ATLANTA — After touching off a national debate this summer over gay marriage and freedom of speech, Chick-fil-A is getting out of politics.
At least according to gay rights advocates in Chicago, who announced that they had secured an agreement by the Atlanta chicken chain to stop donating to political or social groups that oppose gay marriage rights.
Chick-fil-A, however, neither confirmed nor denied the claim. Instead, it referred to a statement promising equal treatment and political neutrality that it issued in July, shortly after controversy erupted over comments by top executive Dan Cathy in which he sided with traditional marriage proponents.
Still, the Chicago announcement, issued by city Alderman Proco "Joe" Moreno and the Civil Rights Agenda group, fueled Internet headlines trumpeting Chick-fil-A's change of position.
That sparked split reactions among customers.
"Victory never tasted so sweet," said one of many commenters on the company's Facebook page, Anyone for Chick-fil-A? "If this story is true," wrote another, "Chick Fil A better be ready to lose alot of customers in the future." Some said company executives should clarify whether anything has actually changed.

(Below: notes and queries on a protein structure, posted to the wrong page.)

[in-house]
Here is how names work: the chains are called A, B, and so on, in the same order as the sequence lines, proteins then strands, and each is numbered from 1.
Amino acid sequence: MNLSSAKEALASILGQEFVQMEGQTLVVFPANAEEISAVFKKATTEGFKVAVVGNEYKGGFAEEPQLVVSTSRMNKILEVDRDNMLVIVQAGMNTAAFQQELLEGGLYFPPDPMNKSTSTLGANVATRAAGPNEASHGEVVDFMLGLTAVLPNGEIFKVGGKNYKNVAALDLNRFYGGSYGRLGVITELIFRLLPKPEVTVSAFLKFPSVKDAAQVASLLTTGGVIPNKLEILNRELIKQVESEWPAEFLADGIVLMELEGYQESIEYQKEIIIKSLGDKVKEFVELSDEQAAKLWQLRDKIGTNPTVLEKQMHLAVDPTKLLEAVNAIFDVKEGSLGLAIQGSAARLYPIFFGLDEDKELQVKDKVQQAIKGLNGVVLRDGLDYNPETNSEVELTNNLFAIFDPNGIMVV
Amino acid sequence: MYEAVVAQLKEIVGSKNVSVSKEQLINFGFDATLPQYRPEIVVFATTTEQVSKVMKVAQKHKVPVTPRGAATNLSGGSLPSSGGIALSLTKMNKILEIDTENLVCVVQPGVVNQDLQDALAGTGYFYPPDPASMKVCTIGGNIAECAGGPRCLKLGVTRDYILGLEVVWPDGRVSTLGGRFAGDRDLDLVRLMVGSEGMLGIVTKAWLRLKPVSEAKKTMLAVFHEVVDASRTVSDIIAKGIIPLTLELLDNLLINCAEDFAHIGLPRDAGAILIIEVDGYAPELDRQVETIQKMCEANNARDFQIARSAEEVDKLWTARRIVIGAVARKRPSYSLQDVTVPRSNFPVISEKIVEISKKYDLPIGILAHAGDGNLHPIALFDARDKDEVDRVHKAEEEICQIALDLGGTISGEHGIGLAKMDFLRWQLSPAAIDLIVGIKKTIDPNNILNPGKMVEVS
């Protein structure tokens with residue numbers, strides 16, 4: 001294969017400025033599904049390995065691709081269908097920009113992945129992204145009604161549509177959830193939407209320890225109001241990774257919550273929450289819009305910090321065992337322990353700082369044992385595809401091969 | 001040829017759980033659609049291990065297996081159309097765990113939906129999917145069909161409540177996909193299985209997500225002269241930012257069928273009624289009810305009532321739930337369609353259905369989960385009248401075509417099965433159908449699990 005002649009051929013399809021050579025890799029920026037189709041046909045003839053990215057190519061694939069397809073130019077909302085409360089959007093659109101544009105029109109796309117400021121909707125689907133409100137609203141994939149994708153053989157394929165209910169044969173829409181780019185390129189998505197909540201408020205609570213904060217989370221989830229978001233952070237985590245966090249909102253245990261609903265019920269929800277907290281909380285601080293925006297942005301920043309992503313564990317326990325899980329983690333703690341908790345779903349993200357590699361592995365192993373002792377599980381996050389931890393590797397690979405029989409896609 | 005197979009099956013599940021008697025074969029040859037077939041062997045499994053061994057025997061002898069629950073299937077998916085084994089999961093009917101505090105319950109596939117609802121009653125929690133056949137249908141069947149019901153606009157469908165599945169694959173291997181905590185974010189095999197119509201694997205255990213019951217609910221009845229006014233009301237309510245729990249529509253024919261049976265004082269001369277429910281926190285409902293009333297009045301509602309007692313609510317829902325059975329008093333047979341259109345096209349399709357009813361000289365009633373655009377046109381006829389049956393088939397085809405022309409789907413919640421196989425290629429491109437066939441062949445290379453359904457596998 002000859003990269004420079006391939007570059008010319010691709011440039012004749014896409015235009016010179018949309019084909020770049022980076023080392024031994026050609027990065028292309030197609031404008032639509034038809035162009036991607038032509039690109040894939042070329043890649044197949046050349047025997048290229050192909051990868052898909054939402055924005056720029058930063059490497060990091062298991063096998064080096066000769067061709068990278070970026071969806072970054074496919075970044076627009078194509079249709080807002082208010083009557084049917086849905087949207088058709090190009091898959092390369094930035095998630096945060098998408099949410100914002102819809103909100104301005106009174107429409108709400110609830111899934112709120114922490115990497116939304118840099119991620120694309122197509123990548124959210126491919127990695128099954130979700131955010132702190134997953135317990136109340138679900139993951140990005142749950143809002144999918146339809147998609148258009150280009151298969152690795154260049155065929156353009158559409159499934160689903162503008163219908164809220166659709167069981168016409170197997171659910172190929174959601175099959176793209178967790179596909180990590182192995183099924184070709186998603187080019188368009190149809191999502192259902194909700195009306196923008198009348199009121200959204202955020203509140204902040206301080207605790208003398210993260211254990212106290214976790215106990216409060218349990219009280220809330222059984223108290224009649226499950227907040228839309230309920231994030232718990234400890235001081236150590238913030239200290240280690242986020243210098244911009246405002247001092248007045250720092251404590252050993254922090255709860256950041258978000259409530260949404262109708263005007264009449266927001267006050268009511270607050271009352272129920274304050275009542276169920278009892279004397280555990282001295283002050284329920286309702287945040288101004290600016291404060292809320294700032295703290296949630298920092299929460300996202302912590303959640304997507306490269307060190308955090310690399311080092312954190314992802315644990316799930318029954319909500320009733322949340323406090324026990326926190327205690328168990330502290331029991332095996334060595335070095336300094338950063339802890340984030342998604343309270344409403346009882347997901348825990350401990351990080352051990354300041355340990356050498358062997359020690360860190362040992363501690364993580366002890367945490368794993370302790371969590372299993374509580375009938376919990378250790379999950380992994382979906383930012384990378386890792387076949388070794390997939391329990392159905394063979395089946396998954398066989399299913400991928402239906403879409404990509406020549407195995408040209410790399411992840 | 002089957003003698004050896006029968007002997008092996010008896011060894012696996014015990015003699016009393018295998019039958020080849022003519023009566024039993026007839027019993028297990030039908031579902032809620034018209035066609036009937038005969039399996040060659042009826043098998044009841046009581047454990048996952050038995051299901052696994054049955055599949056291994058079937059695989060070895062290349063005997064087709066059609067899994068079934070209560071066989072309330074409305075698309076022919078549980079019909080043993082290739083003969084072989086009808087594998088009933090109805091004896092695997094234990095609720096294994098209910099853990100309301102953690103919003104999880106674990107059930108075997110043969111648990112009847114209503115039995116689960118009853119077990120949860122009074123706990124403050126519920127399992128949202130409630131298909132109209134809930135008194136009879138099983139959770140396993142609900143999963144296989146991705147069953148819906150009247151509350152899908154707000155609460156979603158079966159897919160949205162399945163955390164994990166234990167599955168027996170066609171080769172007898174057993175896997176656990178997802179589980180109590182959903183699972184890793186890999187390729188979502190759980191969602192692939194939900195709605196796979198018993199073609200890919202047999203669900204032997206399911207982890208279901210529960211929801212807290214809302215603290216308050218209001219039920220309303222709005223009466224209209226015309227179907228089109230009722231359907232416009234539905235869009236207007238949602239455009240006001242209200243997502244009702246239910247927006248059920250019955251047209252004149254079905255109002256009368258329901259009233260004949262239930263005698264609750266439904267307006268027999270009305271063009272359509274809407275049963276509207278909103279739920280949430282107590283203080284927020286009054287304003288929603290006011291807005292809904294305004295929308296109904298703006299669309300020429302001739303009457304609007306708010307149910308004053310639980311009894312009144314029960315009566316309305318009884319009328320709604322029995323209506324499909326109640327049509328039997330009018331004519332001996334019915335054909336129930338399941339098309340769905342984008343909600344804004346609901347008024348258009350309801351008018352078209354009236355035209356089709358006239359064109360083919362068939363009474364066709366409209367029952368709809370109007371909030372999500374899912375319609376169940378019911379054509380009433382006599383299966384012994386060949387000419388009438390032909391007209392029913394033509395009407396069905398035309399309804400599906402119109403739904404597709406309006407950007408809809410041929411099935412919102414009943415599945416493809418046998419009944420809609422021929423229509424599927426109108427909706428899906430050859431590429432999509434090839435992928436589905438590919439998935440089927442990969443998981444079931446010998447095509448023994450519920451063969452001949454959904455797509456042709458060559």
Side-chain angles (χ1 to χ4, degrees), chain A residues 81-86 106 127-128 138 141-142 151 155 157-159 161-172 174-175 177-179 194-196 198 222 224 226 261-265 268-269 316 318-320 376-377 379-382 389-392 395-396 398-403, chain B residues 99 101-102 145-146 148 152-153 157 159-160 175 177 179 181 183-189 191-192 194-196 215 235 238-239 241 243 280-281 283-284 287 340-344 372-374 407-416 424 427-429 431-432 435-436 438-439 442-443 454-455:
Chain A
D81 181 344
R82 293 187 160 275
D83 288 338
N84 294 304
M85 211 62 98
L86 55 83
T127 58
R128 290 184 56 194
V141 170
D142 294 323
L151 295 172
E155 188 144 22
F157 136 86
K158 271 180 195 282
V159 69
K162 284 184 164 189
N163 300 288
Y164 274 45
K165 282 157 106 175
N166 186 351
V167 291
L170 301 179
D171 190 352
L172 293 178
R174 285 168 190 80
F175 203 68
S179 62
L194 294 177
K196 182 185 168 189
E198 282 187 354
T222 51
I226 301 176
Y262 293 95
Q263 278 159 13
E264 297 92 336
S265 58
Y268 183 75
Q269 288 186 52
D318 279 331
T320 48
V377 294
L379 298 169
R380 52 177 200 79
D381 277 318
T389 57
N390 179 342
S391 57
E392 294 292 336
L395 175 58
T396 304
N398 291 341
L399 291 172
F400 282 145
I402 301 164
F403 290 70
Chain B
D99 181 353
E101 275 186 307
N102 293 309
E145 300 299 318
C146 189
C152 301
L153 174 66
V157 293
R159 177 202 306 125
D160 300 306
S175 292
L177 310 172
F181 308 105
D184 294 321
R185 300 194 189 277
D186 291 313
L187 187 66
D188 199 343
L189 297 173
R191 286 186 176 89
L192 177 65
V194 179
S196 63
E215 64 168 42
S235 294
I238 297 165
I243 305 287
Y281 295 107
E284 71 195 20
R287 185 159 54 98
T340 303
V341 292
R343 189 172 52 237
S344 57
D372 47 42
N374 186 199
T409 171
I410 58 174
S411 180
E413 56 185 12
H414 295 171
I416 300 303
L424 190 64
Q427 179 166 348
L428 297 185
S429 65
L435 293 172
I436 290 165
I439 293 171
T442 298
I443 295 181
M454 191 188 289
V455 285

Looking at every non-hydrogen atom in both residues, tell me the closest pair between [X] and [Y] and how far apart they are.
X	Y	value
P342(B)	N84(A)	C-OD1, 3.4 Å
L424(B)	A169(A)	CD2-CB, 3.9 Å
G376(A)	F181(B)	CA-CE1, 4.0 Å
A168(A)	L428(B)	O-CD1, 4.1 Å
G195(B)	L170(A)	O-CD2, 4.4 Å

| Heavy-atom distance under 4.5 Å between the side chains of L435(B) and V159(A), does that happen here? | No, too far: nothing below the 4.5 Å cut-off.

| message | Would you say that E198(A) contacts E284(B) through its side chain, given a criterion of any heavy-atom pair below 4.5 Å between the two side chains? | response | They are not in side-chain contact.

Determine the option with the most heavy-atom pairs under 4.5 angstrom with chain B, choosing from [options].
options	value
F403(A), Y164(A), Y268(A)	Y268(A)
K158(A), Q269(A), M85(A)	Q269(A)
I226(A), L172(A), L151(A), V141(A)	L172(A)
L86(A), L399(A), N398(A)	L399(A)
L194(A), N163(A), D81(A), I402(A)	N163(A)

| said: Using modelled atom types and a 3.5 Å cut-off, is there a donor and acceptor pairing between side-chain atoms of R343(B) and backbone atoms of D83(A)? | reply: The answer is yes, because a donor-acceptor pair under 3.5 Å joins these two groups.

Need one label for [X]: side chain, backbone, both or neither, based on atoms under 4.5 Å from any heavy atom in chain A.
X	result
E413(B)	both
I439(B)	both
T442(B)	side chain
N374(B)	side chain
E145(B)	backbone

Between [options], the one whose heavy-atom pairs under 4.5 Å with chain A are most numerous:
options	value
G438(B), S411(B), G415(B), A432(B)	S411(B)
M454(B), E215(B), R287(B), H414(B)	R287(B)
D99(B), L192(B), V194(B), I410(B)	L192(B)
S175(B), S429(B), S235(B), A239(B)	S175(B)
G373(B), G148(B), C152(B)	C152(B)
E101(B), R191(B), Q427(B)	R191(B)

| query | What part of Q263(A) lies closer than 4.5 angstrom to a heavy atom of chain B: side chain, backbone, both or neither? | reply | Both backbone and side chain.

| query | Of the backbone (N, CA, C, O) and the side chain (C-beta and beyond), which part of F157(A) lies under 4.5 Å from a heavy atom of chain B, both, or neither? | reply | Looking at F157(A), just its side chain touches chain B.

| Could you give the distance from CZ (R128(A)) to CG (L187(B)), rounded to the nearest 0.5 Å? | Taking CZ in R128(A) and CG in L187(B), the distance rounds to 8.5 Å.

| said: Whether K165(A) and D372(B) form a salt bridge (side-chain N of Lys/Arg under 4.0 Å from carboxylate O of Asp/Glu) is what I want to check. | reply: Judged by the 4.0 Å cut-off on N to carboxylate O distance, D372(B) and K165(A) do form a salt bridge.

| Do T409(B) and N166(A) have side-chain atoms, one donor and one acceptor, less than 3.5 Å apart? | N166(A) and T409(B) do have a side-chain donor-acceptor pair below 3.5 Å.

Moreno had blocked the opening of a new Chicago location because of the controversy, which stemmed not only from Cathy's comments but also from Chick-fil-A's purported support of groups considered antigay.
In the announcement, dated Tuesday, Moreno said that after months of behind-the-scenes negotiations, his office and Civil Rights Agenda struck a deal with Chick-fil-A to treat the gay, lesbian and transgendered community with equality.
Moreno said he will support the new location as a result.
While Cathy has said he was expressing only personal comments, gay rights advocates say the company, through franchisees and its WinShape Foundation, has given money to groups they consider antigay.
Moreno's office said Chick-fil-A promised to refrain from backing such groups as part of the new deal.